to the west. This was a result of global warming in those
years (250,000-150,000 years ago), when the sea level increased
significantly following the melting of the icebergs. It seems
that this cycle may be repeating... The common theory of global
warming, which holds that the temperature change is a result of
mankind's abuse of the environment, may be wrong, and the process is
actually related to natural factors.
(c) Gamal (el-Jamal) cave:
The Gamal (el-Jamal) cave is located on a lower height
to the north.
The entrance is seen below, accessed by a path from the Tanur cave.
The cave is widely open to the west and is bell
shaped. These "Carstic" caves are formed by the rain which dissolved
the limestone. The Gamal cave hosts a gallery of findings of the
Mousterian civilization (70,000 - 40,000 BC).
The interior of the cave is seen below, with examples of
"cavemen" - manikins dressed with "out fashioned" clothes
- and a the tools they used.
The photo below shows a display of the skins of the animals they hunted, which are
dried stretched over wooden frames.
A sample of their flint stone tools is seen below.
Another detail of the cave woman is seen below. A
skeleton of a Neanderthal woman was found in the Tanur cave in level
"C", dated to 120,000 years ago - one of the most ancient
skeletons found in Israel.
(d) Nahal (el-Wad) cave:
The third cave - Nahal
(brook) - is located on a lower-north level. It is the longest cave
has a "door" on the right and a "window" on the left.
Before the 1930s the right side of the "door" was split by a
vertical rock, and the cave looked like a skull with two "eyes" (windows) on
are covered by a screen in order to prevent the birds and bats to
get into the caves at night time. A "terrace" is located in front of
The photo below shows a view of the
entrances, as seen from the inside out. This cave was inhabited at
Period 1: Part of the
Upper Paleolithic - from 40,000 years to 20,000 years ago.
Period 2: For 8,000
years there was a missing gap.
Period 3: The Natufian
culture - 12,000 to 10,000 years ago - which focused on the front of
the cave and on its terrace.
The oldest layer in this
cave was the latest layer in the Tanur/Tabun cave, about 40,000
years ago, so there was a continuity of settlements between the two
The entrance hall is quite high, as seen
below (compared to Uncle Amnon which is almost 2M high). This
front hall was the major location of the early man dwelling, since
it was bright and ventilated. It was also where the Early man buried
their dead: 87 skeletons were found here. This practice of burying
the dead inside the dwelling area continued up to the middle stone
age (Epi-Paleolithic period, 16,000 - 8,300 BC).
From the entrance of the cave a
narrow path leads into the rear of the cave, a total length of 70M.
It is pitch dark inside, but fortunately the cave is illuminated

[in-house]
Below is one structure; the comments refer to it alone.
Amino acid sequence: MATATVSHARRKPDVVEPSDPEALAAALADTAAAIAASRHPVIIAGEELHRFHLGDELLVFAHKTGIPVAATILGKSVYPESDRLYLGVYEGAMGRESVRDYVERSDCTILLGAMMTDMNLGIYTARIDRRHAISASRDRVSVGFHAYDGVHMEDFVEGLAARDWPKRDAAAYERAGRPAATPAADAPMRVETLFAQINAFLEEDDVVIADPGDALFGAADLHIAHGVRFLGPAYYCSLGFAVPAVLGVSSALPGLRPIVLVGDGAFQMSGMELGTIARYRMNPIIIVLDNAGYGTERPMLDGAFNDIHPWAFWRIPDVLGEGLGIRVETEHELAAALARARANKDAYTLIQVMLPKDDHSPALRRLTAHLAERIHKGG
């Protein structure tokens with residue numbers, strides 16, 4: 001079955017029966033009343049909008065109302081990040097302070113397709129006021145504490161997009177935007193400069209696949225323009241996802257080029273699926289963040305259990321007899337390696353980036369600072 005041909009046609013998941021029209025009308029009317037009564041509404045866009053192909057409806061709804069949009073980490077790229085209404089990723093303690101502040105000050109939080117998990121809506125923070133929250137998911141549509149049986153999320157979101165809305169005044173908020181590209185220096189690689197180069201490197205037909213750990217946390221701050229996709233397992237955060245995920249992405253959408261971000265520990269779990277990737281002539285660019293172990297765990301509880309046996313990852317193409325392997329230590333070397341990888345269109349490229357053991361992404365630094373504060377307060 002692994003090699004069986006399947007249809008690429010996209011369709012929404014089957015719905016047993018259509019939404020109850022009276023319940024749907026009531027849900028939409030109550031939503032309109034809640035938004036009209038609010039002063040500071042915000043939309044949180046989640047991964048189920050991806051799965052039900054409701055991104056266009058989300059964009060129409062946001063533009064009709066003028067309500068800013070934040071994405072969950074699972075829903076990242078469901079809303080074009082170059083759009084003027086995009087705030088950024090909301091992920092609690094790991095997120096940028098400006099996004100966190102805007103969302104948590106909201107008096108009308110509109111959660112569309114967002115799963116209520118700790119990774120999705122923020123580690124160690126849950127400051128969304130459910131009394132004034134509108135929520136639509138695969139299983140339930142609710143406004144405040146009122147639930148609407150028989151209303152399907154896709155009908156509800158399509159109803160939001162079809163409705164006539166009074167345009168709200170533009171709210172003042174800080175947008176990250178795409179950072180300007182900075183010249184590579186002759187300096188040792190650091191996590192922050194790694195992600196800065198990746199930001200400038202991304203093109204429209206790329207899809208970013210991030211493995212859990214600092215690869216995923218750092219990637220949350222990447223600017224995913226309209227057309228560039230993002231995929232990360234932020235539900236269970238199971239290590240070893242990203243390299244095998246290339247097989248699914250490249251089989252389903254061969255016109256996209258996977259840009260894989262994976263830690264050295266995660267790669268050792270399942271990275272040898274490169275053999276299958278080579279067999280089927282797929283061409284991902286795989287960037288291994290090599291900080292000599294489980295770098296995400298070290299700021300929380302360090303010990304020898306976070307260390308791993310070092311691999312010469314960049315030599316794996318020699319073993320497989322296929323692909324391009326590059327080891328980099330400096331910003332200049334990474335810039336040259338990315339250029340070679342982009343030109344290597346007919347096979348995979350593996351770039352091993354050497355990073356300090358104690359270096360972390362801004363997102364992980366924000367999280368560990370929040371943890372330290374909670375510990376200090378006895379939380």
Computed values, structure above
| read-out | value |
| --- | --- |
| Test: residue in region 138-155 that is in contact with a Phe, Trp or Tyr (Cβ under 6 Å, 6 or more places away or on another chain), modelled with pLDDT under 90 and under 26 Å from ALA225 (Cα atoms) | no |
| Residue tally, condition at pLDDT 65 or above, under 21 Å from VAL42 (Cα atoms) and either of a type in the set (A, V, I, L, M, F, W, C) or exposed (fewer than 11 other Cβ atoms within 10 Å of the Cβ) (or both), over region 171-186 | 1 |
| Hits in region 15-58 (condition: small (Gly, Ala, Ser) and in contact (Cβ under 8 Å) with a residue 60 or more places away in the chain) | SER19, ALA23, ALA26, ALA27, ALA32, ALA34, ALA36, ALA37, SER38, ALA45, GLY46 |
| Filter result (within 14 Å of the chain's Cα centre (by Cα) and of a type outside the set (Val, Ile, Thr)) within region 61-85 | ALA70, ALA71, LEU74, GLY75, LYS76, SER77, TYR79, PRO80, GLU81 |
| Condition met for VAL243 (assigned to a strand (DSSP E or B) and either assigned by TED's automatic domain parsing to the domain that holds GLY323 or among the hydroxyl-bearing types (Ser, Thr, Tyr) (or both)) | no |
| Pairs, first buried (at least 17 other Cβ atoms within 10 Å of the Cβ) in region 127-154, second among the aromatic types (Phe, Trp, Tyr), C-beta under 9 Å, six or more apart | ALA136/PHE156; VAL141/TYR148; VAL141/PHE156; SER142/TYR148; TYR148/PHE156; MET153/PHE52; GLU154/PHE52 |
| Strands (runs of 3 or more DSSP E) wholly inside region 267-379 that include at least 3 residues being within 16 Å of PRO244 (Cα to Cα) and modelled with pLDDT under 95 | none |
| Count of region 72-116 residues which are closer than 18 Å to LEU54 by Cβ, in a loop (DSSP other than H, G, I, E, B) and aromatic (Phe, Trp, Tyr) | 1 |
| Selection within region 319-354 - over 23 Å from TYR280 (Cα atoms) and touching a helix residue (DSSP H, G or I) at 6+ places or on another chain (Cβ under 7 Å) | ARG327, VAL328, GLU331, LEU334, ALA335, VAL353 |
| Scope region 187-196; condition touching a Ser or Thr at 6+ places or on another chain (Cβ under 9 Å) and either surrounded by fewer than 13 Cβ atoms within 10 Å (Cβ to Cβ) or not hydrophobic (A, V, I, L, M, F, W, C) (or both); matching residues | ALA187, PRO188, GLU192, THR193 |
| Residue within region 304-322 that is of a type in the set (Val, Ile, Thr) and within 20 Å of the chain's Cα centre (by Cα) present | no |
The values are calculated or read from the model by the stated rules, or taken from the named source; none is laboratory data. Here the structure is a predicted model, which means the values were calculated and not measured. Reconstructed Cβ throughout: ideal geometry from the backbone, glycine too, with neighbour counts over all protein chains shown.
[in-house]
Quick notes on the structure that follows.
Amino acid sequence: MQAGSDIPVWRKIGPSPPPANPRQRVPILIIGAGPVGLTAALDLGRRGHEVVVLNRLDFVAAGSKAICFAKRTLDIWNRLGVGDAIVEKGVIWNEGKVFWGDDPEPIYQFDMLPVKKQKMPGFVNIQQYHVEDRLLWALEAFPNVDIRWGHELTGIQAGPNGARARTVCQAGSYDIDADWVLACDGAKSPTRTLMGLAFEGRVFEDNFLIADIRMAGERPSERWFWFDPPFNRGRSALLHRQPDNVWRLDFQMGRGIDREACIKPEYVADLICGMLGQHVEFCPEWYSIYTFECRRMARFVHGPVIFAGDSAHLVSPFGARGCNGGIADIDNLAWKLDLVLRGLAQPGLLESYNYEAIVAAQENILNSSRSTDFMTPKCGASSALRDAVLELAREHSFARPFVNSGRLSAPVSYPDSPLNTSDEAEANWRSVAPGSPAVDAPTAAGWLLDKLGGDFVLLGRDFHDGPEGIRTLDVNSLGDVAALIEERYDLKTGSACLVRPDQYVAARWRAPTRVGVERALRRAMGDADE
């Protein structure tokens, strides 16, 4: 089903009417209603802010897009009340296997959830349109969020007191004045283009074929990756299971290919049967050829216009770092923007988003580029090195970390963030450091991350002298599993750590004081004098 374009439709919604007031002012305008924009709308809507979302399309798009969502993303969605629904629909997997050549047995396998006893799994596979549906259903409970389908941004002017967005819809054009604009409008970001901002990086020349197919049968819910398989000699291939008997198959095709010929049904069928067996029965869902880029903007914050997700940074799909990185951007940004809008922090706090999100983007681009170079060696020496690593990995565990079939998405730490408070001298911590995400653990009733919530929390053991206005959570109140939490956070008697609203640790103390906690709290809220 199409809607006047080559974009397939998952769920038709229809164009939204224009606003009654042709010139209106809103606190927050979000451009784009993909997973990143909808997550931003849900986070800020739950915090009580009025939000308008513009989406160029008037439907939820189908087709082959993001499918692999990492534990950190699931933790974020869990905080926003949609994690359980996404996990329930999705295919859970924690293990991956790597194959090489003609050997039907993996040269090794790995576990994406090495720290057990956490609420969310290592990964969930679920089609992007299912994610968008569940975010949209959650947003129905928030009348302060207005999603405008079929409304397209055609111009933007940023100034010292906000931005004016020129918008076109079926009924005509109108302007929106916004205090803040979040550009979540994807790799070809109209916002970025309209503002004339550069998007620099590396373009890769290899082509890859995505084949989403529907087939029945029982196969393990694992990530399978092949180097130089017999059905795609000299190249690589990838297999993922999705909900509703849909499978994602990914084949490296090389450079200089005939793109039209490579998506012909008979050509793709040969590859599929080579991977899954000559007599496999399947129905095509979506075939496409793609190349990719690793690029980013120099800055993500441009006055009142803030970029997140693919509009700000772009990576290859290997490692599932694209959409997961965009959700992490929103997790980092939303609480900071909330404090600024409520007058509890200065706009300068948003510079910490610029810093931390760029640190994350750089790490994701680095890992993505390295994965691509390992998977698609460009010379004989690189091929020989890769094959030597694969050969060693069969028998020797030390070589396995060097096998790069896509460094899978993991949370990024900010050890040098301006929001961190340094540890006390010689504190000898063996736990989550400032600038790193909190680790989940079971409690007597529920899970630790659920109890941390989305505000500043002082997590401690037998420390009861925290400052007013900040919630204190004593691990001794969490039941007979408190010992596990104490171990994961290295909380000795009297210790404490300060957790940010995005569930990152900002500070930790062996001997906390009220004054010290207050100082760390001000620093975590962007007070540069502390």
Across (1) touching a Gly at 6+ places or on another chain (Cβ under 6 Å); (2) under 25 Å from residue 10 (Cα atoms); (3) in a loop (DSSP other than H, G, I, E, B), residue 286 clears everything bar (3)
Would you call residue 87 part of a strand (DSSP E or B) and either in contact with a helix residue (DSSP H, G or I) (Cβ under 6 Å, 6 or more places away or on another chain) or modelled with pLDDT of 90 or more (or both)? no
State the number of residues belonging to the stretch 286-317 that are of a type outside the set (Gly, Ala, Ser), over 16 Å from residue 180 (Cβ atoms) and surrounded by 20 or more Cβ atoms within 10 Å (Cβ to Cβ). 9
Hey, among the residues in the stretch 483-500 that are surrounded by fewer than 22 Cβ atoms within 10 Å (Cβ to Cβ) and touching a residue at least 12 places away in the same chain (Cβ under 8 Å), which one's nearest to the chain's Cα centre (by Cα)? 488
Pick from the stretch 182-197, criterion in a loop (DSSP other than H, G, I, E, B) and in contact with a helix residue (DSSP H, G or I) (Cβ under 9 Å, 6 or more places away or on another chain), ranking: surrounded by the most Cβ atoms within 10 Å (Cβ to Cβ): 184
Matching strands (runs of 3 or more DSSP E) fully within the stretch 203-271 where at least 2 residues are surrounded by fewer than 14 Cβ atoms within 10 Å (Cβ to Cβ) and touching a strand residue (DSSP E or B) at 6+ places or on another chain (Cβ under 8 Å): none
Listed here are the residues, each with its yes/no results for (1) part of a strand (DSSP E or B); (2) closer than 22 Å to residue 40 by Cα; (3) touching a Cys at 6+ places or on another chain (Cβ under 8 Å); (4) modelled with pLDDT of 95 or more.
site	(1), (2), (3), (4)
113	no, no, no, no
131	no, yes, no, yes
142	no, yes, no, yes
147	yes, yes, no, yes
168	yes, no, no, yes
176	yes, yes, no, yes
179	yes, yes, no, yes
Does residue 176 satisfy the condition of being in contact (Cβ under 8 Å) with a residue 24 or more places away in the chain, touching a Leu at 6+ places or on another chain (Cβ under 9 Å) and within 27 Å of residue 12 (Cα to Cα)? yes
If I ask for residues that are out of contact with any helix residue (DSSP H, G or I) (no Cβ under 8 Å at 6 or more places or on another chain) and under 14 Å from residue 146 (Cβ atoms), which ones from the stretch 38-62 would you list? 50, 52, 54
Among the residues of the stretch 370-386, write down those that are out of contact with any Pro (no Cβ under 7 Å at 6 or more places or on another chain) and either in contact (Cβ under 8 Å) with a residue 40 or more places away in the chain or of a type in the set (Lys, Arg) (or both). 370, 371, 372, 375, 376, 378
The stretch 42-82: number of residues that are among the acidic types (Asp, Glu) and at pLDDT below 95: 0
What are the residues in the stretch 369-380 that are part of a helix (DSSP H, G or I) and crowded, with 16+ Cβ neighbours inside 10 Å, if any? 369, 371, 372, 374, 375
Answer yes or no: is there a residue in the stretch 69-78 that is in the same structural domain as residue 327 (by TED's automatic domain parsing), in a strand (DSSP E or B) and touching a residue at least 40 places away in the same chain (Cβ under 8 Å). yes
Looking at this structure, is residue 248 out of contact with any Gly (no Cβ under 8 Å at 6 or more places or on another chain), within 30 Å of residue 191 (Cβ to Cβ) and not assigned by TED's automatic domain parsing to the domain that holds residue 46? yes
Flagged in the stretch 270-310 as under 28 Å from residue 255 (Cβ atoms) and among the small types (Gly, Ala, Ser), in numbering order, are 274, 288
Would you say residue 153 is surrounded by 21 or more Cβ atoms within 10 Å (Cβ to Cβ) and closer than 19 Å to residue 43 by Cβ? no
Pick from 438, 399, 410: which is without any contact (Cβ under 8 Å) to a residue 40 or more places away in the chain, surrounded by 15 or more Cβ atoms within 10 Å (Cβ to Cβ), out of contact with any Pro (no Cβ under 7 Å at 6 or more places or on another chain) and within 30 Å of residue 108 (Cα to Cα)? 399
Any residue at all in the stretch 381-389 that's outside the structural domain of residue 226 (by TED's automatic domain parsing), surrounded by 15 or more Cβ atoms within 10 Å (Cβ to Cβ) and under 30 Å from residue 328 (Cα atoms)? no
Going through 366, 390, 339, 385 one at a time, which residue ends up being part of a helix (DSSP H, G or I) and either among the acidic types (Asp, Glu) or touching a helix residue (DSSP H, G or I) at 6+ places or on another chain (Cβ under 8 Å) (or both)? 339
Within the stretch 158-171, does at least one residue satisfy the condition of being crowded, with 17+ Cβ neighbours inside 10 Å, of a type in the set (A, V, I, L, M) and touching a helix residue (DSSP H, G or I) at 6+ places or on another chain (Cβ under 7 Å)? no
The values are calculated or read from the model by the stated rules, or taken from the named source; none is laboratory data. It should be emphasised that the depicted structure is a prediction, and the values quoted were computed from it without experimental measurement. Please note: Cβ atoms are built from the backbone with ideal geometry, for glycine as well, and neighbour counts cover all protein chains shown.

with a colorful light & sound show.
After the entrance is a
large fossilized reef, which preceded the early man - created 100
Million years ago over a period of 1Million years. This rock
formation is 150M thick. It was once under the sea, and was
pushed up in the geological past.
A detail of the fossils
in the reef is seen below. The fossilized conical shells ("rudists")
are typical of the upper level of the reef.
Another view of the path that leads
into the deep side of the cave is seen below. The internal section
of the cave was not in use during the prehistoric periods.
A multimedia show is
played in the rear side of the cave. Along the walls is a light show
that is synced with the sounds.
At the edge of the cave is a large
screen that shows scenes from the daily life of the cavemen. The
photo below shows another view of the cave, but looking towards the
Below is an animation of the various
lights displayed during the show.
(e) HaGedi (Skhul):
On the north-east side of the
cliff is the Hagedi (es-Skhul) cave, which
is not open to the public. This cave served as residence for the
Homo-Sapiens (our ancestors) , who coexisted (a remarkable
finding) with the Neanderthals who resided in the Tanur cave
during the Mousterian period (150,000-40,000BC). This coexistence
without interbreeding continued for 40,000 years, as found in other
sites and according to recent DNA gene studies. Fourteen skeletons were found in this cave.
(f) Natufian-culture village:
Near the entrance of the Nahal cave are rock-cut basins
from the Natufian culture period (12,500-9,500BC). They were probably part
of the ritual ceremonies in the cemetery that was located at this
A copy of a decorated skeleton, belonging to the Natufian burial
site, is located at this site on the terrace on front of the Nahal
cave. The skull is decorated by small bones - a common Natufian
burial practice. A wall was built as part of the
cemetery, an important phase of human construction.
the period of the Natufian culture (12,000-10,000 years ago) these
hunter-gatherers built a village on the area in front of the cave.
A display of a group of cavemen is seen in front of the Nahal cave
just below the ancient cemetery. The display shows
how they used these makeshift housings for hunting and fruit
gathering, and important step for civilization of mankind on its way
out from the caves.
On a lower level than the Natufian cemetery is a section where
archaeologists are working on a new dig.
(g) Other sites:
There are other caves in the area.
The nature reserve stretches for 2KM on both sides of the Caves
creek. A cave that looks
like a "skull" is located across the valley, on the north side of the caves creek, and
a group of hikers are seen walking up the cliff.
Etymology (behind the name):
- Ma'arot" is caves (plural) in Hebrew
- Na'hal - Hebrew: creek, brook
- Tanur (Hebrew), Tabun (Arabic) - oven
- Gedi - Hebrew: young goat
- Kharuv: Hebrew: carob tree
References and Links:
- Atlas of Haifa and Mount Carmel (1980, ISBN 965-222-003-5) -
Prehistory pp 32-33 [A. Ronen & J. Olami)
* External Links:
* Internal links:
Credit note: Thanks to G.M. of LMLK.com who provided corrections and
On the light side:
In the photo below: photo of a "caveman" -
BibleWalks.com - Gateway to the sites of the